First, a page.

Dec. 2: Codecademy - Introduction to CSS (20 points)
Dec. 9: Codecademy - CSS Classes and IDs (20 points)
Dec. 16: Codecademy - CSS Element Positioning (20 points)
Dec. 16: Final project (100 points)
* Note: This schedule is subject to change.
The final course grade is on a standard 100-point scale:
A = 90 – 100
B = 80 – 89
C = 70 – 79
D = 60 – 69
F = 59 or below
Students will be required to check out audio and video equipment to use in the classroom. Audio recorders are available at 326 Lang Hall. The office closes at 5 p.m. so students will need to make sure to check them out before class starts. We are tentatively scheduled to cover audio on Sept. 9 and 16.
Tripods are also available for check out at 326 Lang Hall for students who wish to use them.
Video cameras are available at the Electronic Media office on the ground floor of Lang Hall. Students must first fill out a liability agreement, which will be provided on the first day of class, and return it to the professor before checking out equipment from the Electronic Media office. Cameras must be picked up after 1 p.m. and returned before 12 p.m. the following day. A student ID will be required for check out. We are tentatively scheduled to cover video on Sept. 23 and 30.
Still cameras are also available at the Electronic Media office for students who wish to use them.
All assignments will be due at the beginning of the class. Late assignments will be accepted with a dock of 5 points for each day they are late.
As noted earlier, we will be moving at a rapid pace during this class. The class also only meets once a week. As a result, it is imperative that students attend every class session. The instructor will have limited time outside of the class to meet with students who miss a class so catching up on the material will largely be up to the students.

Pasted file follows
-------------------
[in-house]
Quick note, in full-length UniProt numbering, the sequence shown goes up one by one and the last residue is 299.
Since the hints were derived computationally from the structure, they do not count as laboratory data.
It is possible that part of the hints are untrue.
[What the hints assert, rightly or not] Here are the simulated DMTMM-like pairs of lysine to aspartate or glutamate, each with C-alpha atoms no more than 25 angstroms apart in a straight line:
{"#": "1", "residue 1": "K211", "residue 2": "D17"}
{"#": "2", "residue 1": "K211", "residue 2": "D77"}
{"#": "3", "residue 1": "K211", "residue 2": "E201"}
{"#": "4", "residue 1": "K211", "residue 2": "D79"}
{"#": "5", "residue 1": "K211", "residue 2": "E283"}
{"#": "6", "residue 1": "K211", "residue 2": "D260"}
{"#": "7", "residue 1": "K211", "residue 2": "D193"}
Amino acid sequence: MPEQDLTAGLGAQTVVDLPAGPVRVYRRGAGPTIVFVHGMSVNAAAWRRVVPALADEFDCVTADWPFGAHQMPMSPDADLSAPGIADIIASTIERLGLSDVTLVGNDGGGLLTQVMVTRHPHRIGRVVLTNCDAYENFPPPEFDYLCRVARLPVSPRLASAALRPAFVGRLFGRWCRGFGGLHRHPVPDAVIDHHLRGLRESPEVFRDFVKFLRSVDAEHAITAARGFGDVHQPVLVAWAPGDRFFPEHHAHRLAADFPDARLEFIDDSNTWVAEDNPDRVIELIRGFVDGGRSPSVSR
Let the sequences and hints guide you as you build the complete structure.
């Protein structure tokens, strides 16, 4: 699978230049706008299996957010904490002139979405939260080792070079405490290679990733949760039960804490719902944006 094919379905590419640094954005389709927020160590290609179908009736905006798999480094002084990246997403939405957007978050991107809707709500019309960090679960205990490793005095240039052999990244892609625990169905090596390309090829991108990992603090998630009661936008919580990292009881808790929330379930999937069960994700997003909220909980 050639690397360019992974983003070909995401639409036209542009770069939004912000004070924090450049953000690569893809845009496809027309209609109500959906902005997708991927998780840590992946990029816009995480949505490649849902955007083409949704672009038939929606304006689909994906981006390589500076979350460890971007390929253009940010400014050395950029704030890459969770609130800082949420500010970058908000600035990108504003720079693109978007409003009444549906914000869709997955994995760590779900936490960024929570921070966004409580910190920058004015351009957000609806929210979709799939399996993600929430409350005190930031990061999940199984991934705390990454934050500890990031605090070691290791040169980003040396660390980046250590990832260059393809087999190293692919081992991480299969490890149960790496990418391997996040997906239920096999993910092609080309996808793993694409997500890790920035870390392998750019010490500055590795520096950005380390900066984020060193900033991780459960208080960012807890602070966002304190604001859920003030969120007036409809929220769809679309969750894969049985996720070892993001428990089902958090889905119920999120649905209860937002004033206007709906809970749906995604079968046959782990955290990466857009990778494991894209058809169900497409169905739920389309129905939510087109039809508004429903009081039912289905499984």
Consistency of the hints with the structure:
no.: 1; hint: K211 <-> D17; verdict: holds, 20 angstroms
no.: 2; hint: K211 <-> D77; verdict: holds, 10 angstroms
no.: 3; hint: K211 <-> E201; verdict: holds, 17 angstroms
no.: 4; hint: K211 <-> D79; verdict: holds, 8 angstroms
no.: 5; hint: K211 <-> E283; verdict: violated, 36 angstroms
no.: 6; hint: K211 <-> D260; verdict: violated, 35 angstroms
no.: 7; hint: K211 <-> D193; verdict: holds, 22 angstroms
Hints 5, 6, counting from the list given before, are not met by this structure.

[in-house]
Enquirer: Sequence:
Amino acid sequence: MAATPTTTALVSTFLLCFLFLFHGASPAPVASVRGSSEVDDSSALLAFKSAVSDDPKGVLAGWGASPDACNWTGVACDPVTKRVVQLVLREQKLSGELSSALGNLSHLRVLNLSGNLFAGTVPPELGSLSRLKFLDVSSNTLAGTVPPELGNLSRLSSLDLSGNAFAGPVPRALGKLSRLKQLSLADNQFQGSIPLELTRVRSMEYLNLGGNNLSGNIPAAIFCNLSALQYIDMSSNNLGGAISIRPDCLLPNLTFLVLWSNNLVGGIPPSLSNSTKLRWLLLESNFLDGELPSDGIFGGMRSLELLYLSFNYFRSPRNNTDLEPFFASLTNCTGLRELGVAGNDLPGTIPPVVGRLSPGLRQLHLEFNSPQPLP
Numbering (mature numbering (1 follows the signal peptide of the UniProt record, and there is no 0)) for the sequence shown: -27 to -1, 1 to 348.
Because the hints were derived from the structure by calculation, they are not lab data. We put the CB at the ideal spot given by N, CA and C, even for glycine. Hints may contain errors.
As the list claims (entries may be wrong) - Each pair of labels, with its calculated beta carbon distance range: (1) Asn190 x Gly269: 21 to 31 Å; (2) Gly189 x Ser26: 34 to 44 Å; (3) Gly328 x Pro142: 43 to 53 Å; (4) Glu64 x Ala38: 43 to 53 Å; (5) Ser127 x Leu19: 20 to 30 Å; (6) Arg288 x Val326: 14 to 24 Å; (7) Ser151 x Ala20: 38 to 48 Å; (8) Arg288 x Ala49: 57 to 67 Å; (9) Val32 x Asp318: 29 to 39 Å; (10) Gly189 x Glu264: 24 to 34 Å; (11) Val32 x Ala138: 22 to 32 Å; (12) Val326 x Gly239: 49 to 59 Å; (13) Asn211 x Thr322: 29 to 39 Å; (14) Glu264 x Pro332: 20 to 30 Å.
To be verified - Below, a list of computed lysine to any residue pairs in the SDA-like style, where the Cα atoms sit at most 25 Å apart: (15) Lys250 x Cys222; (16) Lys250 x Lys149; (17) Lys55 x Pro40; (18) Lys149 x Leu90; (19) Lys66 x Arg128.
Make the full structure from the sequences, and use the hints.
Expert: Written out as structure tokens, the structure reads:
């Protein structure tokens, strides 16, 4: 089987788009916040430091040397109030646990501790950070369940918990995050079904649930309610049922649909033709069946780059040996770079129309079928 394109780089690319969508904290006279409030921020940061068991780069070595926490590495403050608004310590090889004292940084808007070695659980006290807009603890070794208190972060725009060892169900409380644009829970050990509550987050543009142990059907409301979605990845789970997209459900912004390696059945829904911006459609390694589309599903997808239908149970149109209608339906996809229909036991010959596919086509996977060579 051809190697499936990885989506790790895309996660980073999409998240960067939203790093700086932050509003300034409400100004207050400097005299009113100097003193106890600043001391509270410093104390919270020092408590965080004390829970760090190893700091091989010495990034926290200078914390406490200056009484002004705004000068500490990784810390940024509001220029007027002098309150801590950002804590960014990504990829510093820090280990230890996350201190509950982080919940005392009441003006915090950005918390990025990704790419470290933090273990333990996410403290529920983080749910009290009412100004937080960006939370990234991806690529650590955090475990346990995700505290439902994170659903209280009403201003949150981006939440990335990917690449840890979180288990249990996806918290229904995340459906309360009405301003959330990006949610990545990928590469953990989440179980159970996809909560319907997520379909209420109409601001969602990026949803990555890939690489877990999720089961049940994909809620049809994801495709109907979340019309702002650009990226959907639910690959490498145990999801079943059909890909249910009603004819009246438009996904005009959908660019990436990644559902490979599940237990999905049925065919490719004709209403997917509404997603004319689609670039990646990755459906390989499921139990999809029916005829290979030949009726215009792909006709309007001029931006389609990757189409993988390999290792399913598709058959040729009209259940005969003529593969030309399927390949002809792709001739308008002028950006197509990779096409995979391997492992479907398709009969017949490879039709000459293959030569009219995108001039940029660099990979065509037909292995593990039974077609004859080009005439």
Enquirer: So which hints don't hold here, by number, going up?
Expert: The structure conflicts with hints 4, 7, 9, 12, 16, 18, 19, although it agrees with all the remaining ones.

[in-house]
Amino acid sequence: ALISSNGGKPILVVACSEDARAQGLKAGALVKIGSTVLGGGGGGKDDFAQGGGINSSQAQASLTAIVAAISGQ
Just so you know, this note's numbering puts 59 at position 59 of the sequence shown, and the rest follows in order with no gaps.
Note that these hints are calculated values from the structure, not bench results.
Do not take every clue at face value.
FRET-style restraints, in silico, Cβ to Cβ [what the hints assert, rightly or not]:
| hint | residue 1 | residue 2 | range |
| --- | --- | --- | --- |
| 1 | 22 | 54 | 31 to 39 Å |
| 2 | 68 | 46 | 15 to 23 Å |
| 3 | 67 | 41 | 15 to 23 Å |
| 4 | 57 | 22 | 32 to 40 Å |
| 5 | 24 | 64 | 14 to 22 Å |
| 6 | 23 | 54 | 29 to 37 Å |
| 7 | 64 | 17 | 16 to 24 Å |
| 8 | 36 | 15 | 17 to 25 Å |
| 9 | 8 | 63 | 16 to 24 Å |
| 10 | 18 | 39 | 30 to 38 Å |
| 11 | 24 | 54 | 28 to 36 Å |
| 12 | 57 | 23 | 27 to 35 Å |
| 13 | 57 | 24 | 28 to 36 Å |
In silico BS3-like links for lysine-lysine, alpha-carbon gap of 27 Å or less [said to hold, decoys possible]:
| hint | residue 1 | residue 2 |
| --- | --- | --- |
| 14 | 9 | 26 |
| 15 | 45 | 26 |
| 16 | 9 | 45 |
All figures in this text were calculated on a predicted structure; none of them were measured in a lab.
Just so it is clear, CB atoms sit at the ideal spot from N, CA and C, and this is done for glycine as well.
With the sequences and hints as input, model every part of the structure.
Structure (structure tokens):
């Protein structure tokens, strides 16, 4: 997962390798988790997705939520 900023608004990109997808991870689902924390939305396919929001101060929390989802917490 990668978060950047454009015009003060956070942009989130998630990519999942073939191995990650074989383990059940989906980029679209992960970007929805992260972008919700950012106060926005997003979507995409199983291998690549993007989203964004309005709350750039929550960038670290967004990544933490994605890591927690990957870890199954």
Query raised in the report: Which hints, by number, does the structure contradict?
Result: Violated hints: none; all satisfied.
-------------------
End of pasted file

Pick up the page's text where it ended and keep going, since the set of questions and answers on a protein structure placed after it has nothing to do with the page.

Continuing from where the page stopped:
All planned absences that are related to UNI's educational programs must be arranged in writing at least one week ahead of time. Otherwise, each class you miss, you will reduce your course grade by 3%. Absences due to emergencies must be proven.
As noted in the UNI Catalog, “Students are expected to attend class, and the responsibility for attending class rests with the student. Students are expected to learn and observe the attendance rules established by each instructor for each course. Instructors will help students to make up work whenever the student has to be absent for good cause; this matter lies between the instructor and student. Whenever possible, a student should notify the instructor in advance of circumstances which prevent class attendance.” (http://catalog.uni.edu/generalinformation/academicregulations/) Attendance will be recorded for this course, and all unexcused absences will figure into the final grade.